So, I thought I would provide what I've learned in hopes that it helps others.

**Stocking Ratio:**

Of course all of the information out there says minimum of 8 to 12 Exodons, and some provide a minimum aquarium size, but no website would correlate how many Exodons you could have for a specific aquarium size. Of course Exodons are not like your typical fish, and many say they need to be over-stocked (compared to the old 1" of fish per gallon rule) without any guidance. So, I surveyed the internet, including forums and youtube, and anywhere I could find where Exodon owners would list their current stock and their aquarium size and did some bench marking. I took all of this data, calculated the gallon/fish ratio, fit it to a normal distribution, and calculated the standard deviation. Here's what I found:

The average (and therefore most successful) stocking ratio is

**3.00 gallons / Exodon**with a minimum of about 10 Exodons, which means the minimum aquarium size is 30 gallons.

+1 Standard Deviation (Understocked): 7.58 gallon/exodon.

-1 Standard Deviation (Overstocked): 1.87 gallon/exodon

Most extreme cases I found from my survey:

Understocked: 11 Exodons in a 118 gallon tank (10.7 gallon/ exodon)

Overstocked: 90 Exodons in a 90 gallon (1.0 gallon/exodon)

I went through all of this trouble because one day my exodons just stopped eating, and it wasn't until I solved a couple issues that they went back to their normal aggressive selves. Due to the wide range of stocking levels and misleading info I've found online on exodons, I had thought that my tank setup was perfectly fine. After I did this analysis, I realized how overstocked my tank was.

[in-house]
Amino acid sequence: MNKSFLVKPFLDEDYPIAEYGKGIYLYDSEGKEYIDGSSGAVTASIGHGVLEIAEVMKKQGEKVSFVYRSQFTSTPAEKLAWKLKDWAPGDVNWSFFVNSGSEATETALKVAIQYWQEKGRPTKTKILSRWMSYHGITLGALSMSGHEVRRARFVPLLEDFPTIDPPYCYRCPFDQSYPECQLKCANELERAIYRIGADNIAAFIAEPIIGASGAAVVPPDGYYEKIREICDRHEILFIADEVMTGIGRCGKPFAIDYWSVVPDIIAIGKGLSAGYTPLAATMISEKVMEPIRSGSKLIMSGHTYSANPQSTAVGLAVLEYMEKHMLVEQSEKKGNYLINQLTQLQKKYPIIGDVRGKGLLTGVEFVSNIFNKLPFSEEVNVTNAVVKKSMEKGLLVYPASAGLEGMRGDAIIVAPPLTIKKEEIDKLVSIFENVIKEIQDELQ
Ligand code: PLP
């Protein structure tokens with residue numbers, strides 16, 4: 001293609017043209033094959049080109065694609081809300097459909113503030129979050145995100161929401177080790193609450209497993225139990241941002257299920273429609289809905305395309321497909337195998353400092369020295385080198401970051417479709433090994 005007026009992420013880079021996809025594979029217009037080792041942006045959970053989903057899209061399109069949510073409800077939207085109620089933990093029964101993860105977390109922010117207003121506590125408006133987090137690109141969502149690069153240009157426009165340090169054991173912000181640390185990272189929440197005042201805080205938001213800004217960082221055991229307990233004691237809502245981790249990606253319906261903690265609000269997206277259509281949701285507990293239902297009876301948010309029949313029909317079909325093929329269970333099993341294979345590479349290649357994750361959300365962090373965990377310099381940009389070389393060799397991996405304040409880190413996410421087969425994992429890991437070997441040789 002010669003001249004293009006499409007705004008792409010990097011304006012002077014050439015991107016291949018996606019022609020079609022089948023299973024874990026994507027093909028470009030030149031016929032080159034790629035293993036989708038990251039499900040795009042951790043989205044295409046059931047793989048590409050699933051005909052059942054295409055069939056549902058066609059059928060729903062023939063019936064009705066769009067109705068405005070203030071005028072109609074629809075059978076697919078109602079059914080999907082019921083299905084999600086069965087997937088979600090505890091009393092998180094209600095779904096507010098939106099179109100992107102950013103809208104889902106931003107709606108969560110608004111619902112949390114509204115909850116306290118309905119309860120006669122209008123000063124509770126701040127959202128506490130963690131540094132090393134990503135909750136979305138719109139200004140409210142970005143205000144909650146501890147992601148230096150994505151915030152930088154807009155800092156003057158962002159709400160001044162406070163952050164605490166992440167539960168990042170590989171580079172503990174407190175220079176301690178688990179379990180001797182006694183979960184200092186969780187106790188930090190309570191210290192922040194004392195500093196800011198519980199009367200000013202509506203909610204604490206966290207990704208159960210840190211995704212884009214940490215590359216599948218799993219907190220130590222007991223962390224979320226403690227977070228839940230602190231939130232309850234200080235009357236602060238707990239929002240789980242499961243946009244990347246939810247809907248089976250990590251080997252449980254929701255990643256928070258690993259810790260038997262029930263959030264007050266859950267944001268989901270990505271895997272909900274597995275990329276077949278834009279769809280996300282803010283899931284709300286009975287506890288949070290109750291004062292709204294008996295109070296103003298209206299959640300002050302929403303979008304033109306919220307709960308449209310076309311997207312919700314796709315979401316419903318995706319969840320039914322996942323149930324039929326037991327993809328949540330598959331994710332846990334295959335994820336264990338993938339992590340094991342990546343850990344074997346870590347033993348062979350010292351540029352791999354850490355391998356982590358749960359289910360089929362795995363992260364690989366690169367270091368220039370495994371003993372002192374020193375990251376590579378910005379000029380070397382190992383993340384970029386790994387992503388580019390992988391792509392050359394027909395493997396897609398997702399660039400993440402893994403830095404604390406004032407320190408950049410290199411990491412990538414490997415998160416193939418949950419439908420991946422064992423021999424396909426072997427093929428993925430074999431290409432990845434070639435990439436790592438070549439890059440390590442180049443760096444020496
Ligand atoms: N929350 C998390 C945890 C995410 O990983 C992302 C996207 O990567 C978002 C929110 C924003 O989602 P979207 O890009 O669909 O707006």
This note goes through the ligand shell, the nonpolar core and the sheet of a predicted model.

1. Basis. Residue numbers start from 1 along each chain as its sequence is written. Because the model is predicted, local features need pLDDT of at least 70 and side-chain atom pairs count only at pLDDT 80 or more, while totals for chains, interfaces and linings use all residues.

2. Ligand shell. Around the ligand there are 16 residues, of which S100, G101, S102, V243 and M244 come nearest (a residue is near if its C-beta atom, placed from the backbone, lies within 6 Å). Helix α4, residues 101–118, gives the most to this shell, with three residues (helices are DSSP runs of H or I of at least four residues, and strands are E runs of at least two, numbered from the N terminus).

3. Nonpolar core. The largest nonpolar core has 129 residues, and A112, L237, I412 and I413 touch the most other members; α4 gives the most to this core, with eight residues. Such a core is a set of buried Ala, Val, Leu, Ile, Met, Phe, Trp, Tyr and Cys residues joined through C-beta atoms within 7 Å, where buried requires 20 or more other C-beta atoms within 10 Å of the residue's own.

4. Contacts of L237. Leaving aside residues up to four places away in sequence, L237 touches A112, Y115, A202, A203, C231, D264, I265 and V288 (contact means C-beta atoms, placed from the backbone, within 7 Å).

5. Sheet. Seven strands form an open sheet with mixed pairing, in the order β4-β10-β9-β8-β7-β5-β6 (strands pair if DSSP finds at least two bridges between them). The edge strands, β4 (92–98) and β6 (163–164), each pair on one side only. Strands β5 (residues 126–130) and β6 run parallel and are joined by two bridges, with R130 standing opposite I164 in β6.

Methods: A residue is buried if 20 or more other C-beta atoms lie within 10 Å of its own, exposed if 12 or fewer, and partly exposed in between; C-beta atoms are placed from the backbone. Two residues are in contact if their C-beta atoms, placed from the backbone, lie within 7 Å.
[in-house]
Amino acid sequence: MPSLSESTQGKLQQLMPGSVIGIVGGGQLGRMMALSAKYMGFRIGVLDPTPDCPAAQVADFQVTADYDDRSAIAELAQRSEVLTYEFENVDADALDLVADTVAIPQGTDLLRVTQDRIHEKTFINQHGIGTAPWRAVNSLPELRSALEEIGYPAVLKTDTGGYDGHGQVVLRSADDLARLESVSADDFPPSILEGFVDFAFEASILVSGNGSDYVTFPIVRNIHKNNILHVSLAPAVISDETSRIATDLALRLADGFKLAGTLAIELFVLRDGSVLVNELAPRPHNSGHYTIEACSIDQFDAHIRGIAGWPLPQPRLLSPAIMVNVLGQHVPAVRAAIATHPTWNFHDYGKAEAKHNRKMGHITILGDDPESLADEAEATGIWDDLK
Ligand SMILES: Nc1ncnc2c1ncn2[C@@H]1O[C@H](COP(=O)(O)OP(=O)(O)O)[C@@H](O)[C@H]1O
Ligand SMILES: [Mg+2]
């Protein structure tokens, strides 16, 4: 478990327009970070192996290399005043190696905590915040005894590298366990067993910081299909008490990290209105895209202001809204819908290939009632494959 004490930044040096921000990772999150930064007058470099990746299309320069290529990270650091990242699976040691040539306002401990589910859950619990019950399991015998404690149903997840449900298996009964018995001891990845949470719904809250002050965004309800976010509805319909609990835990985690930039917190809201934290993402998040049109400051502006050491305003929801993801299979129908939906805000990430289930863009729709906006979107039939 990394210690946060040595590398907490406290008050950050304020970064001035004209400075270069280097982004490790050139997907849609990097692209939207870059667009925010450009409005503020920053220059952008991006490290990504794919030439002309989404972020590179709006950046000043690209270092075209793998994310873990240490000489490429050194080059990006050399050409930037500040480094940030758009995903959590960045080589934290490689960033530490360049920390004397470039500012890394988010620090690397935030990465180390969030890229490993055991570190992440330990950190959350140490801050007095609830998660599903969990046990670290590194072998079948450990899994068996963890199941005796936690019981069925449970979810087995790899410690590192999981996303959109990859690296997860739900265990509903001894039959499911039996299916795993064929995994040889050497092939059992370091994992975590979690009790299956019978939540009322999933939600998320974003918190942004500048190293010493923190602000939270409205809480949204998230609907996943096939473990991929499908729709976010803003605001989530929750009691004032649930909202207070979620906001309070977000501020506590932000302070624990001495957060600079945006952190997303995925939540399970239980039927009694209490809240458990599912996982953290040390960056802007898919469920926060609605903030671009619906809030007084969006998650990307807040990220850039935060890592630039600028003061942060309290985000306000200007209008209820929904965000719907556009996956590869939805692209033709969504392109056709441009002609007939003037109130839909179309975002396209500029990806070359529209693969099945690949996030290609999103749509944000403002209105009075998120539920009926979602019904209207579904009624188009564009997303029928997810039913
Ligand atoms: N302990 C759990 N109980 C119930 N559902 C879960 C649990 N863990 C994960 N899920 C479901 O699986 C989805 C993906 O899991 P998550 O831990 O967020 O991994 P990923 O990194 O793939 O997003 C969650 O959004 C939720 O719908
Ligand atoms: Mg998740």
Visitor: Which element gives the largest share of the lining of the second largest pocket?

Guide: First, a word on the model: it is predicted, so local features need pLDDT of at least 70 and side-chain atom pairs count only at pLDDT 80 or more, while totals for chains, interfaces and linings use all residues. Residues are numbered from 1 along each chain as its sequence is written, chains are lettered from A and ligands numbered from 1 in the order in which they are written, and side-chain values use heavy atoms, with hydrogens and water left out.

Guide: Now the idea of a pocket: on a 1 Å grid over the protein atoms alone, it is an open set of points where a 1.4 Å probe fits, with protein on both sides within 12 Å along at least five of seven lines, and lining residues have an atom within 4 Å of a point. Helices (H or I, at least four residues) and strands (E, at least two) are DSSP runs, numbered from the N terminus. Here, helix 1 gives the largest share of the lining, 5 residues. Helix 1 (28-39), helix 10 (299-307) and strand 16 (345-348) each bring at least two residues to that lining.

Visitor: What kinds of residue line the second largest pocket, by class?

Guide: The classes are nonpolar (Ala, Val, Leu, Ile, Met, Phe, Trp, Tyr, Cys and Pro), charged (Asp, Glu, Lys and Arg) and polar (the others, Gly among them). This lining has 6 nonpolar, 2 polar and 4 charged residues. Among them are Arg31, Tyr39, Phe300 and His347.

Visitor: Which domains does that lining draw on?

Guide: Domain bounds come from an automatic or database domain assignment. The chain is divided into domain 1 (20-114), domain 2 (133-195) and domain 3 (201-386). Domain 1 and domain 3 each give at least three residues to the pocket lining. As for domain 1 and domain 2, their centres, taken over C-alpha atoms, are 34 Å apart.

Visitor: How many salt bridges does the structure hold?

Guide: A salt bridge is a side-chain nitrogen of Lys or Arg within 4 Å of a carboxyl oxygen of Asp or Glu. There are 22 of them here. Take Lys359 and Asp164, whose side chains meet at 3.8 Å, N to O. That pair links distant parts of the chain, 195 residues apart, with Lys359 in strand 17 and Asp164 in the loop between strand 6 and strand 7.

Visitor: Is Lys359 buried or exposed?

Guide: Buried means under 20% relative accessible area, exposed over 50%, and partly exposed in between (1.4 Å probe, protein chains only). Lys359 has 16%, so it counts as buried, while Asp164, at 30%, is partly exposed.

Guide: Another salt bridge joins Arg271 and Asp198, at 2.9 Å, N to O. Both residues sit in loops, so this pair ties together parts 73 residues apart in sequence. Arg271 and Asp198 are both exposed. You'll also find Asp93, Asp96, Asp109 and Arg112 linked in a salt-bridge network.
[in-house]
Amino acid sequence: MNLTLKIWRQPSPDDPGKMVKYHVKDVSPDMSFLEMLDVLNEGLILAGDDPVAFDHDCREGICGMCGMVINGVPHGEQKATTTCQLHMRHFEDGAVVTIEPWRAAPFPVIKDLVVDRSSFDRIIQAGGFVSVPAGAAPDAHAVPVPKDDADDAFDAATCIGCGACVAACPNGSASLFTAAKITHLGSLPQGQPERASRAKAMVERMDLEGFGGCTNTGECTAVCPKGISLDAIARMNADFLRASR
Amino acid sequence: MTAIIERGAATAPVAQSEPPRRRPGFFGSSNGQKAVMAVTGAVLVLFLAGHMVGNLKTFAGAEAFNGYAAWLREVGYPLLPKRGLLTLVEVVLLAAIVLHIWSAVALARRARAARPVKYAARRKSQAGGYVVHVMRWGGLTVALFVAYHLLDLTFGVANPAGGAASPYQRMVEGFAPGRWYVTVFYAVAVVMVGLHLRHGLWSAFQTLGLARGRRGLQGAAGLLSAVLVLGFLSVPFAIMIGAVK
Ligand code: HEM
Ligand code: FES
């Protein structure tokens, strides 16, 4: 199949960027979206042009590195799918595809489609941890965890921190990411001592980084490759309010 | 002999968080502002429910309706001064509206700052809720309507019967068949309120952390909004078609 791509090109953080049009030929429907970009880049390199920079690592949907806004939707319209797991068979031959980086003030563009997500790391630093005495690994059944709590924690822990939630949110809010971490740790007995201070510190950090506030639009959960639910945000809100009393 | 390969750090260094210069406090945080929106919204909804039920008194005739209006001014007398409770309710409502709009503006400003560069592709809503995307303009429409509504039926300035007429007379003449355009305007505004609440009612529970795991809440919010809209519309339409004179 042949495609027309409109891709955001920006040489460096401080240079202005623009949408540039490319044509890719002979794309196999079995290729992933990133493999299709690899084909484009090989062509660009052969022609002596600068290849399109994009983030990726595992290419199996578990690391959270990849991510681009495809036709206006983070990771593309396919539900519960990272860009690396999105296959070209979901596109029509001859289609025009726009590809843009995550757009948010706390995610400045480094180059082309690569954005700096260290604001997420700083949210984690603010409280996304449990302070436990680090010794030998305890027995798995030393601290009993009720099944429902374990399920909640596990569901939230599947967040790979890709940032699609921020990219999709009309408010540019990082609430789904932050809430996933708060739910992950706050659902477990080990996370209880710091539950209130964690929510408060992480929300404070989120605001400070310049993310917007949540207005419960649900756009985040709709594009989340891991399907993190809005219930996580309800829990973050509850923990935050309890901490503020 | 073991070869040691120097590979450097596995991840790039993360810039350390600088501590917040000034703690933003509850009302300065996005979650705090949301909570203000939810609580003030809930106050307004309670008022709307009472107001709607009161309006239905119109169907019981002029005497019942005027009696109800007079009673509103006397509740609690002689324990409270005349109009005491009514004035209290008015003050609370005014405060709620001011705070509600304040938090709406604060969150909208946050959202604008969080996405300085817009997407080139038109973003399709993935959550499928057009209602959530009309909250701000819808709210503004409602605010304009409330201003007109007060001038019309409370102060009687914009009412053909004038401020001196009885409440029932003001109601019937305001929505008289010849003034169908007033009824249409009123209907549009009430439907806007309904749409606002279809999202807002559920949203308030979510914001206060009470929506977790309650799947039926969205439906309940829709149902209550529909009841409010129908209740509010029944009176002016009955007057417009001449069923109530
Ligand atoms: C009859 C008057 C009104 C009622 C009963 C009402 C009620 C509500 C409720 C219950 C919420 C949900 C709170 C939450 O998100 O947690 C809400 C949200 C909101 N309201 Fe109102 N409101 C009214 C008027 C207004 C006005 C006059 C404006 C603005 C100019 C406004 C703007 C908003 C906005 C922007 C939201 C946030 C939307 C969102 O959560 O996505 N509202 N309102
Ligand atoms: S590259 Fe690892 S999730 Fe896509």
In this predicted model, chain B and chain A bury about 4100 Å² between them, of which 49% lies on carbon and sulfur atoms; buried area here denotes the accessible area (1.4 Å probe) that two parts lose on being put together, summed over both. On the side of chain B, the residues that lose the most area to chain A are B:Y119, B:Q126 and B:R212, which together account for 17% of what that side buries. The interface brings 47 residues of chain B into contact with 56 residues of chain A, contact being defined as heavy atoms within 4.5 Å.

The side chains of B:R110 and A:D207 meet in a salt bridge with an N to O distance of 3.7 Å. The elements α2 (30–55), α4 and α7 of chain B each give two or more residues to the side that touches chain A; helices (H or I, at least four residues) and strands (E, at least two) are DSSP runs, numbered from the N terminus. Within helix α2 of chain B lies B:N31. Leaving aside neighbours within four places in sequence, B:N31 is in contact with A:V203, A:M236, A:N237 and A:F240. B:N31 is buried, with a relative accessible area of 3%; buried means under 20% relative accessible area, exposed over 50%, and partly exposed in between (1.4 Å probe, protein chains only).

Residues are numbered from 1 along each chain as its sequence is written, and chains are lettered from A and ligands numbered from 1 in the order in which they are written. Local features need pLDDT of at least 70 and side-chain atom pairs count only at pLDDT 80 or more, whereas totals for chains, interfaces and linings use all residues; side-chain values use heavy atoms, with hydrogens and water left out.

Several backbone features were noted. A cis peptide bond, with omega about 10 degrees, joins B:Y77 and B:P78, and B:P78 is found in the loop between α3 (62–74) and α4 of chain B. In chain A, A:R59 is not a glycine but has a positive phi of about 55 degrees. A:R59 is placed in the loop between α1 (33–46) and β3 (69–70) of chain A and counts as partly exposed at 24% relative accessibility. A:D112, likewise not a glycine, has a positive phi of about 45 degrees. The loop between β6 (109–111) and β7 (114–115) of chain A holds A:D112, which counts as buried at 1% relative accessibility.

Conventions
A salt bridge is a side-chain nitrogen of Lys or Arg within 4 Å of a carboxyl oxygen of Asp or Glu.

My previous tank setup was a 29 gallon with 17 exodons (1.7 gallon/exodon). I had 20 initially, but aggression and overstocking changed that. Due to my tank being overstocked, my fish stopped eating well, and instead focused their aggression on attacking the smallest fish in the school. Once I found that my tank was nearly 1 standard deviation away from the norm (that's about 68% above average stocking levels for those that don't use standard deviations much) I realized that a change in my stocking levels would probably help. So I upgraded my aquarium to a 55 gallon which put me marginally understocked at 3.2 gallon/exodon. I knew when I went to a larger tank size, I would also need a better filter, which I believe my previous setup didn't have sufficient filtration as well.

Most websites will recommend somewhere between 3x to 10x GPH required (example: a 10 gallon aquarium would need enough filtration to produce 30gph to 100 gph). Again, since the recommendation varied so much, I sought additional information. I focused on recommendations for planted tanks, since my tank is planted, and it seems that the average recommendation for a planted tank is about 5x-6x GPH.

However, I found an extremely useful tool online, that allowed me simulate and try out various filters until I found one that met all of my aquariums filtration needs, for my specific stocking level and aquarium size/shape. I'd suggest you check it out:

http://aqadvisor.com/

I ended up getting an Eheim Classic 2217 (264 GPH) to go with my Eheim Ecco 2232 (127 GPH) for a total of 391 GPH, which on a 55 gallon is about 7x GPH. The water parameters are much better now, and that in combination with the larger aquarium size has caused my exodons to be less stressed. They are now eating very well, and are back to their usual aggressive selves.

Sorry for the long post, but hopefully this info helps other exodon owners out there.

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This post has been edited by **Quad**: 05 September 2014 - 11:12 PM